Recent moves by the Florida State Board of Administration and the New York City Retirement Systems to adopt new compensation plans to raise the pay of investment professionals on staff recognize the constant challenge public pension funds have in competing with the private sector to attract and retain talent.
More public plan sponsors must embrace the need for competitive pay for public fund investment professionals to improve chances of meeting investing objectives and keeping retirement programs affordable in terms of contributions.
“We are in a war for talent,” Michael Williamson, executive director, State of Wisconsin Investment Board, said in a July 27 Pensions & Investments story.
There is one reason in particular trustees, and, if necessary, legislators need to act to make public pension plan professional investment staff pay levels competitive: That reason is investment returns finance most of the funding to pay pension benefits.
“Since 1984, investment earnings have accounted for 62% of all public pension revenue,” while employer contributions accounted for 26% and employee contributions, 12%, according to a February report, “State and Local Government Spending on Public Employee Retirement Systems” from the National Association of State Retirement Administrators.
Trustees have to draw attention to the issue with legislators and the public. Through competitive staffing, better oversight of asset allocation and investment management has a better chance of producing expected returns and lowering contributions from taxpayers, or at least minimizing increases in contributions.
Over the past five years, the State of Wisconsin Investment Board has paid $33 million in incentive payments to staff, while generating $1.4 billion over market returns, Mr. Williamson noted, saying SWIB's incentive pay program “is not an expense — it's an investment.”
Without the majority financing from investment returns, pension benefits at their current level would become unaffordable unless legislators step up contributions, an unlikely prospect.
Lawmakers already are facing other demands for public spending and are reluctant to raise taxes to increase pension contributions.
Pension plans must take investment risks to reach their assumed return objectives, competing globally to allocate to increasingly sophisticated asset classes and investment strategies. Reaching that objective has become more challenging in a protracted low-interest rate environment that could last for many more years. Many pension plans have diversified into alternative investments and strategies, including private equity, hedge funds, infrastructure, and even moving beyond just an allocation to real estate to add real assets in timberland, farmland, energy and other natural resources.
Stepping up investment risk requires enhancing risk management and staffing with capability to develop such policies and oversight.
The financial crisis of 2008 increased sensitivity of pension plan trustees to risk. To try to avoid another investment market collapse that resulted in losses of 25% or more of their asset values, pension plans have to diversity, often moving into new asset class and strategies, adding to the complexity of oversight.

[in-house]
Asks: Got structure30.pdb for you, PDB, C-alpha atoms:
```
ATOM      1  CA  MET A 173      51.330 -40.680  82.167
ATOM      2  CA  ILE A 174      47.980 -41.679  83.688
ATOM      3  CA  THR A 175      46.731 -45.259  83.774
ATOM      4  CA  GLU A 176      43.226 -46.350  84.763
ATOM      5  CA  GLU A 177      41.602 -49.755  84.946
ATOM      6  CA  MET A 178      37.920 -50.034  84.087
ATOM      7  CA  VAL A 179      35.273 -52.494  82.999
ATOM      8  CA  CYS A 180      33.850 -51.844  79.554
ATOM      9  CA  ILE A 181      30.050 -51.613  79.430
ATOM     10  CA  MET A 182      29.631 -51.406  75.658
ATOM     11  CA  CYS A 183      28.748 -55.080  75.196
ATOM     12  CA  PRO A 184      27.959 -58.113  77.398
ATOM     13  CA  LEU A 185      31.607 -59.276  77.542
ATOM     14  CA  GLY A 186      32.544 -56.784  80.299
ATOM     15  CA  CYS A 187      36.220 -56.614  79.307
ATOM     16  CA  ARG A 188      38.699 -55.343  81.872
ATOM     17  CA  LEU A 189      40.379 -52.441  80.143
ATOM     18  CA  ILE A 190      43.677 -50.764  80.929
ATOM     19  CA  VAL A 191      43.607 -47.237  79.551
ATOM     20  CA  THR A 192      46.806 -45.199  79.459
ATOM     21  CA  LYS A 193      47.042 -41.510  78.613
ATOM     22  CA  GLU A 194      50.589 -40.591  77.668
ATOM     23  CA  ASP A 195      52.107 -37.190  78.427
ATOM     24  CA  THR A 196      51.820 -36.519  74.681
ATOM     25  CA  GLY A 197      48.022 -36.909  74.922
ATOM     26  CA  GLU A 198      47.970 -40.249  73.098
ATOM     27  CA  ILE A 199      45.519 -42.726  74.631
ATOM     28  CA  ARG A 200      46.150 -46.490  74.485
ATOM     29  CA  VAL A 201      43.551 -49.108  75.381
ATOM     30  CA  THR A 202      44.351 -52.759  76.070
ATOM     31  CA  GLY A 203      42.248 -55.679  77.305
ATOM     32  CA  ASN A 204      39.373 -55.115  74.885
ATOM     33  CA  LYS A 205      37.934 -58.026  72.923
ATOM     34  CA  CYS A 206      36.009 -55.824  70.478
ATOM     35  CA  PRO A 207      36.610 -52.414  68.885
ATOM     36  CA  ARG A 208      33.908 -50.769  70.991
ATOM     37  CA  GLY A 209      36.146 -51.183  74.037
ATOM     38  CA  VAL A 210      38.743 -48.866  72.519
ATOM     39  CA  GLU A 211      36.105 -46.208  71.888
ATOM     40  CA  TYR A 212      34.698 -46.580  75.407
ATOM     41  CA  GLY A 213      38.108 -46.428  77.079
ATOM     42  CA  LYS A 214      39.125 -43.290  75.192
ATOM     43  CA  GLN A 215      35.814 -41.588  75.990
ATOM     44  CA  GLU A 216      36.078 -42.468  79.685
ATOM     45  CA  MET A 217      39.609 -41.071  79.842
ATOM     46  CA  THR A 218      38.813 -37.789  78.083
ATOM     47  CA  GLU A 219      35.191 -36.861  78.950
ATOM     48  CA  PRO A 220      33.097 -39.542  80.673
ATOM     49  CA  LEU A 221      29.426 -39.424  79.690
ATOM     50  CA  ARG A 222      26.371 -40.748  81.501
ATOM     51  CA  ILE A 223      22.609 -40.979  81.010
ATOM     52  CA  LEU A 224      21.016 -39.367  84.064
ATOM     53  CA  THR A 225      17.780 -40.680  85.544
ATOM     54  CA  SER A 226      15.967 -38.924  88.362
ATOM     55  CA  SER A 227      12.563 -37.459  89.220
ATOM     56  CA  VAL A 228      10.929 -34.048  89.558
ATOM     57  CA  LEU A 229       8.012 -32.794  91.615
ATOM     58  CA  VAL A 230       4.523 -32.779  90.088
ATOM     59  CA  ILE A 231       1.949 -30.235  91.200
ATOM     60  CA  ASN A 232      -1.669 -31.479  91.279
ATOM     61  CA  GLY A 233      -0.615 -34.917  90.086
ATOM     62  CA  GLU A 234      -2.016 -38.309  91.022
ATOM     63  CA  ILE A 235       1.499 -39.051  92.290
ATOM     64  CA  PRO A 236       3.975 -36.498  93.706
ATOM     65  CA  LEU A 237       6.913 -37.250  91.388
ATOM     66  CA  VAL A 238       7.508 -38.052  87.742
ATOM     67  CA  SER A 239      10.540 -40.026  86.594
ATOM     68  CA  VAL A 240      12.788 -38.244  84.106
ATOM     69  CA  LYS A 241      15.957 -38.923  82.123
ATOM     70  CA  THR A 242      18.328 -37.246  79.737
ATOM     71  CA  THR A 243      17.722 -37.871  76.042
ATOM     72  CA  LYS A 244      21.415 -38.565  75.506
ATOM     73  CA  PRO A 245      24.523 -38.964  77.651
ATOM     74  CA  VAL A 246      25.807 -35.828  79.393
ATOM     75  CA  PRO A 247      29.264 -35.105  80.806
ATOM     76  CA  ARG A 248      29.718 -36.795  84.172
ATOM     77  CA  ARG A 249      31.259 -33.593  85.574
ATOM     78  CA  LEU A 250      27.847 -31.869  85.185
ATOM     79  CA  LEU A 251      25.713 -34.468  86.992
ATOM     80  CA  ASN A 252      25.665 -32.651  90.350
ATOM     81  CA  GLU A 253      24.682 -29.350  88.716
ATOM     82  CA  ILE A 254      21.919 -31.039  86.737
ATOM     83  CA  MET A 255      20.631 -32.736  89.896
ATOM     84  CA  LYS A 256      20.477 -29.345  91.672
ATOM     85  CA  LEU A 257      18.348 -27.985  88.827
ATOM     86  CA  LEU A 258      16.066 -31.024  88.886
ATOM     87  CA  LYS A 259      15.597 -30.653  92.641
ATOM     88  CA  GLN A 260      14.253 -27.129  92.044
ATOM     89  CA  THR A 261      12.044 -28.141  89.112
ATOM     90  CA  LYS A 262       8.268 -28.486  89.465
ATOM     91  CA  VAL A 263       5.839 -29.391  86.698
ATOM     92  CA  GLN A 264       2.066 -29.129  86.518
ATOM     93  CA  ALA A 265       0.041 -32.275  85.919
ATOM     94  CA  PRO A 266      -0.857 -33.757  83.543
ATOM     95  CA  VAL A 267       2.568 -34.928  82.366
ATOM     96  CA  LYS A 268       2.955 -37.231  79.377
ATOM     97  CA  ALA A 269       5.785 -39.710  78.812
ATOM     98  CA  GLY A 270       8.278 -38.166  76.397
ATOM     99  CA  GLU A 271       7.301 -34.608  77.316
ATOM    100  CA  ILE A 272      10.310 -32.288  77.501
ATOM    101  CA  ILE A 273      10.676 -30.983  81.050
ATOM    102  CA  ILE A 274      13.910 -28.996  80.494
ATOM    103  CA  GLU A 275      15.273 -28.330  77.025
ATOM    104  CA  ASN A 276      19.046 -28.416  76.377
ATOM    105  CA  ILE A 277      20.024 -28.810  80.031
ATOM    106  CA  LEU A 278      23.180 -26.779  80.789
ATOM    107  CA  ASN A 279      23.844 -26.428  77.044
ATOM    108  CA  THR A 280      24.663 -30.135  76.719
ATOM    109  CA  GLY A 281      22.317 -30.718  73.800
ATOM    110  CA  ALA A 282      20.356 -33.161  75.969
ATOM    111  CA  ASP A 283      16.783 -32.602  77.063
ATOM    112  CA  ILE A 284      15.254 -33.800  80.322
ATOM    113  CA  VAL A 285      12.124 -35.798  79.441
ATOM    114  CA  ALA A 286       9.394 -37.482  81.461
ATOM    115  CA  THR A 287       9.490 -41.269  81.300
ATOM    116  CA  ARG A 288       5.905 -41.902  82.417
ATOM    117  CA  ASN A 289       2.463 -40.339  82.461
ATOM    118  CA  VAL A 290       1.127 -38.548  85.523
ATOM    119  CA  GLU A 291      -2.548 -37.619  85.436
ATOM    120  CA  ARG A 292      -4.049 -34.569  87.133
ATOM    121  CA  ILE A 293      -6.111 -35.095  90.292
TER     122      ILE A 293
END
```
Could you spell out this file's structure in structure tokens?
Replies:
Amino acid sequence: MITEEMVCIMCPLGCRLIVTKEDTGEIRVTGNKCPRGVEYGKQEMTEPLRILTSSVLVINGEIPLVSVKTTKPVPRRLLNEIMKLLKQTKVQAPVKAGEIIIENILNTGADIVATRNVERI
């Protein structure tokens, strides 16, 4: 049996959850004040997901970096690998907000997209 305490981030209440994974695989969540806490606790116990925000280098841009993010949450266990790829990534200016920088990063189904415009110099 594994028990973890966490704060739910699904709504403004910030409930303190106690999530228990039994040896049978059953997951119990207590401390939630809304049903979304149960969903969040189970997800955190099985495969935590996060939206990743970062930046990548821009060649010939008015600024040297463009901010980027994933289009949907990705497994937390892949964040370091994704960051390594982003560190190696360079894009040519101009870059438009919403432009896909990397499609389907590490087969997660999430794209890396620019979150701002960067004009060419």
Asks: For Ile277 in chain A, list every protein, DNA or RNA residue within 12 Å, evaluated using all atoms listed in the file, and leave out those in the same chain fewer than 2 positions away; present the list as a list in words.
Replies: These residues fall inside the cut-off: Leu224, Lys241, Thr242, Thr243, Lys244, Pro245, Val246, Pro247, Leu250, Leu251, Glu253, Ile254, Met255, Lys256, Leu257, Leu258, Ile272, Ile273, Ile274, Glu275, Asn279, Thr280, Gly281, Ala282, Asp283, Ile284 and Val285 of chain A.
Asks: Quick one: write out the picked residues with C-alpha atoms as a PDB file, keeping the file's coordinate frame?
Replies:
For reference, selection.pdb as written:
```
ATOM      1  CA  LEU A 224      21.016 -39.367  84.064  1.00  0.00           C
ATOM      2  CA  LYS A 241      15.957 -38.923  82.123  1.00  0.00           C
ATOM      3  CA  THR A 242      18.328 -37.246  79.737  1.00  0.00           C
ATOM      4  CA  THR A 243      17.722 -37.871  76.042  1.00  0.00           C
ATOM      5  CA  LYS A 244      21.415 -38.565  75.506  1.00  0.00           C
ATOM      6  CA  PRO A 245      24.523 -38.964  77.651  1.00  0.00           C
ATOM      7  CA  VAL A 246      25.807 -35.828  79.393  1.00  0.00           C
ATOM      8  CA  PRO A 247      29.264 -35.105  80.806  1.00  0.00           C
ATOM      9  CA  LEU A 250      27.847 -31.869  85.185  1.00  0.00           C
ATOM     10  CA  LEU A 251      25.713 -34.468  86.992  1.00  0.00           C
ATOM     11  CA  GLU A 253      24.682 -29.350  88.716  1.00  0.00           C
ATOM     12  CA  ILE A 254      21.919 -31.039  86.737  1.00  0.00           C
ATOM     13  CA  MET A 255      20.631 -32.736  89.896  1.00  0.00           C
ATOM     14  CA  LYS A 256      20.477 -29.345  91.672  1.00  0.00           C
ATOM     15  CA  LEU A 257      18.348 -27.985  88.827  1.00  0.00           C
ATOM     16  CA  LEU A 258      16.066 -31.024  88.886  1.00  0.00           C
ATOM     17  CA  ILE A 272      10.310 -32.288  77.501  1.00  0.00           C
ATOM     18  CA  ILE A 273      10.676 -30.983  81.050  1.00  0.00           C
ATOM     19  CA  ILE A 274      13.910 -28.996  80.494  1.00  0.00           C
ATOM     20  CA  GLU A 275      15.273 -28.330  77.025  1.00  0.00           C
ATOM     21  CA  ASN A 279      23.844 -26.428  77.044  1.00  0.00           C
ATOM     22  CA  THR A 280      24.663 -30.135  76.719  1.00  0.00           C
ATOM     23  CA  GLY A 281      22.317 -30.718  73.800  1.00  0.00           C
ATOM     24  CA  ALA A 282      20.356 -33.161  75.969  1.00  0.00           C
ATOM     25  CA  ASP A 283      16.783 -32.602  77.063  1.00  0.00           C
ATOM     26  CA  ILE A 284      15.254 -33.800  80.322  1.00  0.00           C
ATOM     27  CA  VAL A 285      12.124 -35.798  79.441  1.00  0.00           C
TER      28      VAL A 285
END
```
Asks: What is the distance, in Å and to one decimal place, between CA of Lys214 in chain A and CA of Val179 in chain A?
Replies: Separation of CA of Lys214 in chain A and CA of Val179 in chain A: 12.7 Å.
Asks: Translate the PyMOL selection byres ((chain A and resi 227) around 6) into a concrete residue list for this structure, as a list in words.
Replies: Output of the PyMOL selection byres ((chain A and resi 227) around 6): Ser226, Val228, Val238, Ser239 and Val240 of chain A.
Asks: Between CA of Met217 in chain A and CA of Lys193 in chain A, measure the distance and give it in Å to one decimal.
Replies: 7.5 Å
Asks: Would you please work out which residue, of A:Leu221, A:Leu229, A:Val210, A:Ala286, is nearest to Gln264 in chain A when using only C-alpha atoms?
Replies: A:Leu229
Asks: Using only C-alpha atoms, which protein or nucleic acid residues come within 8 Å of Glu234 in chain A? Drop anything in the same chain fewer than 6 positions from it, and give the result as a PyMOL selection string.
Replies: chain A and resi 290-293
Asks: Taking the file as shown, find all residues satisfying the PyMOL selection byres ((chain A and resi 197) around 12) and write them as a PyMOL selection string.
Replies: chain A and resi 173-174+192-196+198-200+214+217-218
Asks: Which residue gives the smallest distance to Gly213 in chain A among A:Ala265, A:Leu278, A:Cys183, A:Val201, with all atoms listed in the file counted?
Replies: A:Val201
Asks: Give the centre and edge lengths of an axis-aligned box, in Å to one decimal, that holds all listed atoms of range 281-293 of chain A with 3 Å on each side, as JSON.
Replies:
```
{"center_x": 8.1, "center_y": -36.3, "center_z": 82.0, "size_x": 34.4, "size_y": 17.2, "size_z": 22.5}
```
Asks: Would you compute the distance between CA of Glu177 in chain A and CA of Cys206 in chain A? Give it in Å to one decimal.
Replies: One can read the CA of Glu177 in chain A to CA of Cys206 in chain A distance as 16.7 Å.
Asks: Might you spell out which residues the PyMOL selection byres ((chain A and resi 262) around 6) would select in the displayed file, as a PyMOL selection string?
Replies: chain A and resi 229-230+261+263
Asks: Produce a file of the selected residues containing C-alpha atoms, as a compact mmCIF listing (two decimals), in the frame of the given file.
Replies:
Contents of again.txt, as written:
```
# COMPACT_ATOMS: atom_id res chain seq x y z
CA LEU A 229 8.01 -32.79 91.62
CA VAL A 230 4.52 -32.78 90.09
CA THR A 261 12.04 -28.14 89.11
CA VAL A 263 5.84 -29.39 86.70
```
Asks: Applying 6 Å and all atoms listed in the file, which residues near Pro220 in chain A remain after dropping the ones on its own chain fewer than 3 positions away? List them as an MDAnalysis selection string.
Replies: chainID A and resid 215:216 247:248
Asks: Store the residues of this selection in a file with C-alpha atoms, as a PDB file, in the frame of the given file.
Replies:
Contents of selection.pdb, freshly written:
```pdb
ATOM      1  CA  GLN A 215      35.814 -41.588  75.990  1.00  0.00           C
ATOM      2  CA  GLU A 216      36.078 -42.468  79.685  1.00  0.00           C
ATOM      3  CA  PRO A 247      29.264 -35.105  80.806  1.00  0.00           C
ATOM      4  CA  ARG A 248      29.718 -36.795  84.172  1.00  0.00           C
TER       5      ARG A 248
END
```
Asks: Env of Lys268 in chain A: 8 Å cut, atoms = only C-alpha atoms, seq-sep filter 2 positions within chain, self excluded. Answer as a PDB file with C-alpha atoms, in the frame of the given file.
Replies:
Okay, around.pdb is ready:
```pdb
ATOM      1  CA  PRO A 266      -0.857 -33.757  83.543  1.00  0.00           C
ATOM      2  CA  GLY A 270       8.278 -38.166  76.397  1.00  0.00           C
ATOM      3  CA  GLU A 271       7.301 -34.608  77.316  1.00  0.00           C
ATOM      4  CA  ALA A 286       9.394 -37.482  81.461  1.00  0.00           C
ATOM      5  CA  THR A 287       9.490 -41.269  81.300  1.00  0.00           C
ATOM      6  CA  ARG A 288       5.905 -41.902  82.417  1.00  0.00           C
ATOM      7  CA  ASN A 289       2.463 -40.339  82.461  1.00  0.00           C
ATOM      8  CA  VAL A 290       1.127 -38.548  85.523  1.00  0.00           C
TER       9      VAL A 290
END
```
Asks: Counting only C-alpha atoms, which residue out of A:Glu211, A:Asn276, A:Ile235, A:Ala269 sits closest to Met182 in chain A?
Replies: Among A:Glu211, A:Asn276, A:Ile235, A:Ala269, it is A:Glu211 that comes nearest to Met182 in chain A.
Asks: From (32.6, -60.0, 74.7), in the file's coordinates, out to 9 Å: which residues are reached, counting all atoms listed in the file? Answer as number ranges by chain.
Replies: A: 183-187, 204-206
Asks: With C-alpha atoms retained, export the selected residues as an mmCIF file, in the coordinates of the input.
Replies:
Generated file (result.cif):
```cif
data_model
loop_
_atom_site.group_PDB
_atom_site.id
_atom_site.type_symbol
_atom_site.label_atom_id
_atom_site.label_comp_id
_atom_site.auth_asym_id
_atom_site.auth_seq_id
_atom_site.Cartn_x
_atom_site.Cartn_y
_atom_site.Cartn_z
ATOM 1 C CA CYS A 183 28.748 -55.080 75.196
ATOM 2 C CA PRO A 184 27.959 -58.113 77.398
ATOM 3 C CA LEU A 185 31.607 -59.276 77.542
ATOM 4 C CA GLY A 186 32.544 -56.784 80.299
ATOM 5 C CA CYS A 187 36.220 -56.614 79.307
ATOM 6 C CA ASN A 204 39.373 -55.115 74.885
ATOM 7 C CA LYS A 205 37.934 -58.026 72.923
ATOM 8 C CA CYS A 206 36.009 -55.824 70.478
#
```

Trustees have a responsibility to make sure pension plans have staff with the knowledge and experience to ensure their funds perform well under their investment objectives. A well-structured compensation plan, especially including incentive compensation for meeting well-designed benchmarks, as the new program at the FSBA and existing program at SWIB do, is a vital part of effective pension plan governance, just as it is in corporate governance.
In order to do so, trustees and staff have to have the capability to take advantage of opportunities in the global investment markets within the bounds of the levels they've set for taking risks.
Trustees must develop a budget to oversee assets at the level necessary to implement their investment policy. Falling short of necessary resources risks underperforming benchmarks and objectives, resulting in higher contributions to make up for lower levels of returns.
Two years ago, Robert Grady, former chairman of the New Jersey State Investment Council, cited compensation as a key factor in the departure of the then-chief investment officer as well as the co-head of investments. (The state Legislature has to approve higher pay for staff overseeing the New Jersey Pension Fund.) “Our compensation levels are low to comparable public plans,” Brendan Thomas Byrne Jr., chairman of the council, said last month. “We have had a reasonable amount of turnover at the higher levels,” he added. “That hurts us.”
Higher pay comes with no guarantee for better investment performance. But a lack of competitive pay puts plans at risk for higher contributions from underperformance and the costs of higher turnover of staff seeking more lucrative opportunities in investment management.
Without competitive pay, staff might not be up to the level of the fund's complexity to oversee asset allocation and strategy, leaving the fund vulnerable to underperforming benchmarks and raising funding costs.
The market will determine whether pay levels are competitive in recruiting and retaining talent. Public plans that design pay plans to become competitive must regularly re-evaluate compensation to keep up with the dynamics of the market for investment professionals, just as their investment program must keep up with the market dynamics to keep funding costs as low as possible.